In this article, we look at how the courts assess damages in 'loss of chance' cases. Michael Axe also reports on the English Court of Appeal's recent warning regarding the dangers of applying these principles to commercial valuations, which is likely to be of particular interest to valuers and surveyors.
The 'loss of chance' doctrine has evolved as a way of assessing the value of damages in cases where the claimant has lost a particular opportunity or chance as a result of the defendant's breach of contract or negligence. Damages for 'loss of chance' are, by their very nature, less precise than damages which relate to a specific sum (such as repair costs or unpaid invoices) but the Courts have established a process for calculating the value of such losses.
However, in the 2010 case of Law Debenture Trust Corp plc v Elektrim SA, the Court of Appeal provided further clarification on when it would not be appropriate to apply the 'loss of chance' doctrine. In this case, the damages to be paid to the claimant included damages for the loss of a payment that was to have been calculated based on the 'fair market value' of the defendant's assets. The key issue in calculating the 'fair market value' of the defendant's assets was how to assess the value of certain shares that it held.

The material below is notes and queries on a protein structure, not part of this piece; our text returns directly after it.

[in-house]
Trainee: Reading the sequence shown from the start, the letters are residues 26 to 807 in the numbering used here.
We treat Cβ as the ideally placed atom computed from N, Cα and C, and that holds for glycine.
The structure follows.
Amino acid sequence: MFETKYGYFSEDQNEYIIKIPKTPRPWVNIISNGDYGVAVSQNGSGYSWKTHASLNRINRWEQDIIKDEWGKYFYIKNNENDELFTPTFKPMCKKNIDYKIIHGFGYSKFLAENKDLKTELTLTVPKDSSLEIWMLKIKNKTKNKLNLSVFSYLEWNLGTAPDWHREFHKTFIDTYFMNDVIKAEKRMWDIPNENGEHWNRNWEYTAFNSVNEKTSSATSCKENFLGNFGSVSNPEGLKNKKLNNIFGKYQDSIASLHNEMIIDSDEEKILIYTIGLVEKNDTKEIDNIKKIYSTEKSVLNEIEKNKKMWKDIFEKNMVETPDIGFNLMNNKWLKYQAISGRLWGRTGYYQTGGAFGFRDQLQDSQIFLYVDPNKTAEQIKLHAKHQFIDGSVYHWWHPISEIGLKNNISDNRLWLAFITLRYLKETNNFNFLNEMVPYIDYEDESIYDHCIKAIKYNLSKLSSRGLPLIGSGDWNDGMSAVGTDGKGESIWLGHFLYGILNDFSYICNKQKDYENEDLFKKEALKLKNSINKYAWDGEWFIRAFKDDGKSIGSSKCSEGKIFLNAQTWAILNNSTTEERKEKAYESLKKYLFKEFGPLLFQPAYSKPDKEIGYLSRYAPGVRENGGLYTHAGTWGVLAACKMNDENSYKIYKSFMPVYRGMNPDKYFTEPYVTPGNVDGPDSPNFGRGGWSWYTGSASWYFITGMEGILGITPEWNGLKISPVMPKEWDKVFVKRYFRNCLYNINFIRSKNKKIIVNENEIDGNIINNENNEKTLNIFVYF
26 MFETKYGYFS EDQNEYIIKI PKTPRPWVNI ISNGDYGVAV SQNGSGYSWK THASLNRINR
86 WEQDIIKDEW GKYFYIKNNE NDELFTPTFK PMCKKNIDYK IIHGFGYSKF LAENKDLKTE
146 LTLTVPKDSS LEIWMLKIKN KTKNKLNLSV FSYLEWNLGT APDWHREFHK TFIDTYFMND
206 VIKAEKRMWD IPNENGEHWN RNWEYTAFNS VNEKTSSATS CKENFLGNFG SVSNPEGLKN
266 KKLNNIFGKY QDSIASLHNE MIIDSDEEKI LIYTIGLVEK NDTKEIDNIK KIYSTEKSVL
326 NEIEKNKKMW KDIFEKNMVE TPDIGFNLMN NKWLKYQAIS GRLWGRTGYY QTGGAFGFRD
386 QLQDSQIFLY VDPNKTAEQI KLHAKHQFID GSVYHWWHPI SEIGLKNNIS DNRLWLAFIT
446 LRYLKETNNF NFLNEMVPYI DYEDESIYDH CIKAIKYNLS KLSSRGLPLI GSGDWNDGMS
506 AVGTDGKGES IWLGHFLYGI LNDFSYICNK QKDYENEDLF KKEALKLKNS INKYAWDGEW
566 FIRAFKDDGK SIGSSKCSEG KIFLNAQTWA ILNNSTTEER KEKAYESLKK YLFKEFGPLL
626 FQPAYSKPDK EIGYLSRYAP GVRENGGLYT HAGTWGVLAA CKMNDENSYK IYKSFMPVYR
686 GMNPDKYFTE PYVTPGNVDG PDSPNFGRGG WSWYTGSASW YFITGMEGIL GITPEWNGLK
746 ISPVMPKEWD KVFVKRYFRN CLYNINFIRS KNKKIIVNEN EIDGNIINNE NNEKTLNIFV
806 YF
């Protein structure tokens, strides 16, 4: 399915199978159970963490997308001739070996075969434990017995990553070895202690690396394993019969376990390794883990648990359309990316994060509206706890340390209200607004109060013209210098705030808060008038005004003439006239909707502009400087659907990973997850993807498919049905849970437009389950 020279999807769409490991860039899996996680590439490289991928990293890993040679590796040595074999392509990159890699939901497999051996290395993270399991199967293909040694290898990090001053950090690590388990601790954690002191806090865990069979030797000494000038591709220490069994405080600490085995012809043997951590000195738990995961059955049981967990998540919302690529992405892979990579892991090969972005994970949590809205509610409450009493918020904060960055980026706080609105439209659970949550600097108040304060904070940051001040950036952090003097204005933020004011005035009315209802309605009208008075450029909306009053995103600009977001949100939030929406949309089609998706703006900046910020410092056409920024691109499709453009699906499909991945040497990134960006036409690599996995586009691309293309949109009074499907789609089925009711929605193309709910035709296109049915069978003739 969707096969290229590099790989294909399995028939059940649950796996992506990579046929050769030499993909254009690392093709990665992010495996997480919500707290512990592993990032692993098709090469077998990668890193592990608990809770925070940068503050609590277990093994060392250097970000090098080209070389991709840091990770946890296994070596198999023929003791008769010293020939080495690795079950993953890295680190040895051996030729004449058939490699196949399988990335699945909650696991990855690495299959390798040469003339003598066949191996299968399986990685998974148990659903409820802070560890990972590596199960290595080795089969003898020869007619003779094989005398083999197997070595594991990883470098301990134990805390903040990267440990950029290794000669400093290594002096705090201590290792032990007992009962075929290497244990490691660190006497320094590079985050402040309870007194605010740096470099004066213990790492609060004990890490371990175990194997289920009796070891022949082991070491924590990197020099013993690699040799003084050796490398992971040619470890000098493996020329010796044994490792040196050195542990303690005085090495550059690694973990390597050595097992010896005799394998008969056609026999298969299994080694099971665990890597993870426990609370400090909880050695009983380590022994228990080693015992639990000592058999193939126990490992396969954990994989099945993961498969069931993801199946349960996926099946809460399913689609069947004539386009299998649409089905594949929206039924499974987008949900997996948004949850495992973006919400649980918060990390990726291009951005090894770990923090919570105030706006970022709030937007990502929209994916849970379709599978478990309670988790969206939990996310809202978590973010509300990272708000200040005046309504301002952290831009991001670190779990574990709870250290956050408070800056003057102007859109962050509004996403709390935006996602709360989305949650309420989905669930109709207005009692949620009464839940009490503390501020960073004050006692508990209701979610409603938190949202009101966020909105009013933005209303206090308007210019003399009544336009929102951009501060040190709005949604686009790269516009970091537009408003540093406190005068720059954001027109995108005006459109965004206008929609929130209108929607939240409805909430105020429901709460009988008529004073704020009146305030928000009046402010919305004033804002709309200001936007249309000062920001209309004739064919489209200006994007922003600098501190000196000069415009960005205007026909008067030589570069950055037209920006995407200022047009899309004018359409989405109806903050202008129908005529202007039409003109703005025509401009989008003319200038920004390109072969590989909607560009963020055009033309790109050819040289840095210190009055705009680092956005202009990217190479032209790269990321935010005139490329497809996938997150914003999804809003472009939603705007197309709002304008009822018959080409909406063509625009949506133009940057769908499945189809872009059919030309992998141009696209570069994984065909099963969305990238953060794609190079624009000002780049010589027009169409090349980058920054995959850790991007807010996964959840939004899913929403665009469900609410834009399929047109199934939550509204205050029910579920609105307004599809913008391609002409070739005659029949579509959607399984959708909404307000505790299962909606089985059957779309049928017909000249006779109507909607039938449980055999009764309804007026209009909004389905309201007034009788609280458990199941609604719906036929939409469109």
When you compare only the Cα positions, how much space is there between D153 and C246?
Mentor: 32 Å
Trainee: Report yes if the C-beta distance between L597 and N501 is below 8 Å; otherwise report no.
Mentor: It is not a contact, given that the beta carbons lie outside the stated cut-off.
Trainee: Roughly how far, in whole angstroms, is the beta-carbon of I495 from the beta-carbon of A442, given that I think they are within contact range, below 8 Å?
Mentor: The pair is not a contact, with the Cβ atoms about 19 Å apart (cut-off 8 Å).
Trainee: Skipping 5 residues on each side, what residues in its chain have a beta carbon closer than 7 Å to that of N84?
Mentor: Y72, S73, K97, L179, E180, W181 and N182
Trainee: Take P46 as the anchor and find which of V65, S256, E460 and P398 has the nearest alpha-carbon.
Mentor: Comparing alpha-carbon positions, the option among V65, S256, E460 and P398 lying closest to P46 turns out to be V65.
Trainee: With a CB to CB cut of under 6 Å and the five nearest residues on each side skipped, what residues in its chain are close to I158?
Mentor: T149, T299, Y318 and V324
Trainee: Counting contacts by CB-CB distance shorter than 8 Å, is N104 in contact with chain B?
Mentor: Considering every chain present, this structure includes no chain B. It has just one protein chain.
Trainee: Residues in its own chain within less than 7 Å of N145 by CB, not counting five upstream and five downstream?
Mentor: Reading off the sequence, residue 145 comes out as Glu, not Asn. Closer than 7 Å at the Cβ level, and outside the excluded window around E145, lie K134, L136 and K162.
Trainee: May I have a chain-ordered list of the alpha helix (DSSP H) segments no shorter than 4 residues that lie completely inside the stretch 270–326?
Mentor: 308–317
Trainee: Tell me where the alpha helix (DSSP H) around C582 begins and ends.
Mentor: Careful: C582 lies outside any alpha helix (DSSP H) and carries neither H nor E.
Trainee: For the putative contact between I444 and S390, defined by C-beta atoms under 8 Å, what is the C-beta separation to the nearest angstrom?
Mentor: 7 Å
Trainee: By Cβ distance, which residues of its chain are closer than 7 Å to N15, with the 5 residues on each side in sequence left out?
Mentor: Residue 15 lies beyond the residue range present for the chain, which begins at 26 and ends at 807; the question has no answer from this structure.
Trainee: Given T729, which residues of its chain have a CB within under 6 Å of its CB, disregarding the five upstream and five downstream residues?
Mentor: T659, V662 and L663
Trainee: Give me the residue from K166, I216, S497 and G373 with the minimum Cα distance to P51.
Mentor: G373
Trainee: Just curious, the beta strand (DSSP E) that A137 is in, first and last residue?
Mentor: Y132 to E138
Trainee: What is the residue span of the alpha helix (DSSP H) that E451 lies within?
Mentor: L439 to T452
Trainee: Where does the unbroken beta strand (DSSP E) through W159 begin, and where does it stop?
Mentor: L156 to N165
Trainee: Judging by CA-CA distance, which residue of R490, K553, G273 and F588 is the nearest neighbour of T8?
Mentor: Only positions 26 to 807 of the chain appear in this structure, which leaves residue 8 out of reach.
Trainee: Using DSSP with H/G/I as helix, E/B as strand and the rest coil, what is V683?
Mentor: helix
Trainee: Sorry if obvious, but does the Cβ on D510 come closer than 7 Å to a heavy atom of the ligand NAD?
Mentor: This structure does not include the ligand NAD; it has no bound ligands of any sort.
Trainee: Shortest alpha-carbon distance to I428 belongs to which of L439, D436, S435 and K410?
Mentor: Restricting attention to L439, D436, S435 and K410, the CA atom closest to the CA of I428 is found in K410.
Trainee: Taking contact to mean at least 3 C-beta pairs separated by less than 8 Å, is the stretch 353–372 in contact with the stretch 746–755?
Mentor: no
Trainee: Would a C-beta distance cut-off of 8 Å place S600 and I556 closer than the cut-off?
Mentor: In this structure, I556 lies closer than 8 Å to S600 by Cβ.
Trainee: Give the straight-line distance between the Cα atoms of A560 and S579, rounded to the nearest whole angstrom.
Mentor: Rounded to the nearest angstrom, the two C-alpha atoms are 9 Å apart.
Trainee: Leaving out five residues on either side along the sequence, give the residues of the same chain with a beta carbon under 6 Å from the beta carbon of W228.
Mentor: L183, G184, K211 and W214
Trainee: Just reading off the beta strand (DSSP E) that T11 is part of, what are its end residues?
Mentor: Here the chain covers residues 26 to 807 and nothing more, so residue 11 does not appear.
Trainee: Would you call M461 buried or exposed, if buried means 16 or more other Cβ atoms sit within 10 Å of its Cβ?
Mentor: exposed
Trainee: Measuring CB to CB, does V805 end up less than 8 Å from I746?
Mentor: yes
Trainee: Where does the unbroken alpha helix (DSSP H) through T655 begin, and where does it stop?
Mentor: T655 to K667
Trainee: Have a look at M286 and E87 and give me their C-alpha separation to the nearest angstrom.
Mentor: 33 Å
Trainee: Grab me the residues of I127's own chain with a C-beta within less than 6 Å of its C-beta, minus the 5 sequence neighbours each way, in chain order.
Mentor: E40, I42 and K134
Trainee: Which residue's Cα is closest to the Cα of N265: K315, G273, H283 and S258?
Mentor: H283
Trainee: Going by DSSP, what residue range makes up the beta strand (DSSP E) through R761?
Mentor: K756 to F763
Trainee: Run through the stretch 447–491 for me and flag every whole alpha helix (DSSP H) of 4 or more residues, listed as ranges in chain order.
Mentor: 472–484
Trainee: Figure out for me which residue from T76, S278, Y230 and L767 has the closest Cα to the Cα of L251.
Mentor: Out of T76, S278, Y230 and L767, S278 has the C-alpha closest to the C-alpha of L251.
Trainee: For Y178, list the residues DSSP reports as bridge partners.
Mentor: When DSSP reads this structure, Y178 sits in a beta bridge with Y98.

The Court of Appeal confirmed that not every case where the court has to assess what a third party might have done will be treated as a 'loss of chance' case.
The Court of Appeal confirmed that in a case such as this, rather than apply the 'loss of chance' principles, the courts should do their best to estimate what a banker would have concluded the true value of the shares to be.
The decision therefore appears to draw a distinction between claims relating to a 'concrete' asset (such as a share) and those relating to more 'intangible' assets (such as a right to pursue a court claim).
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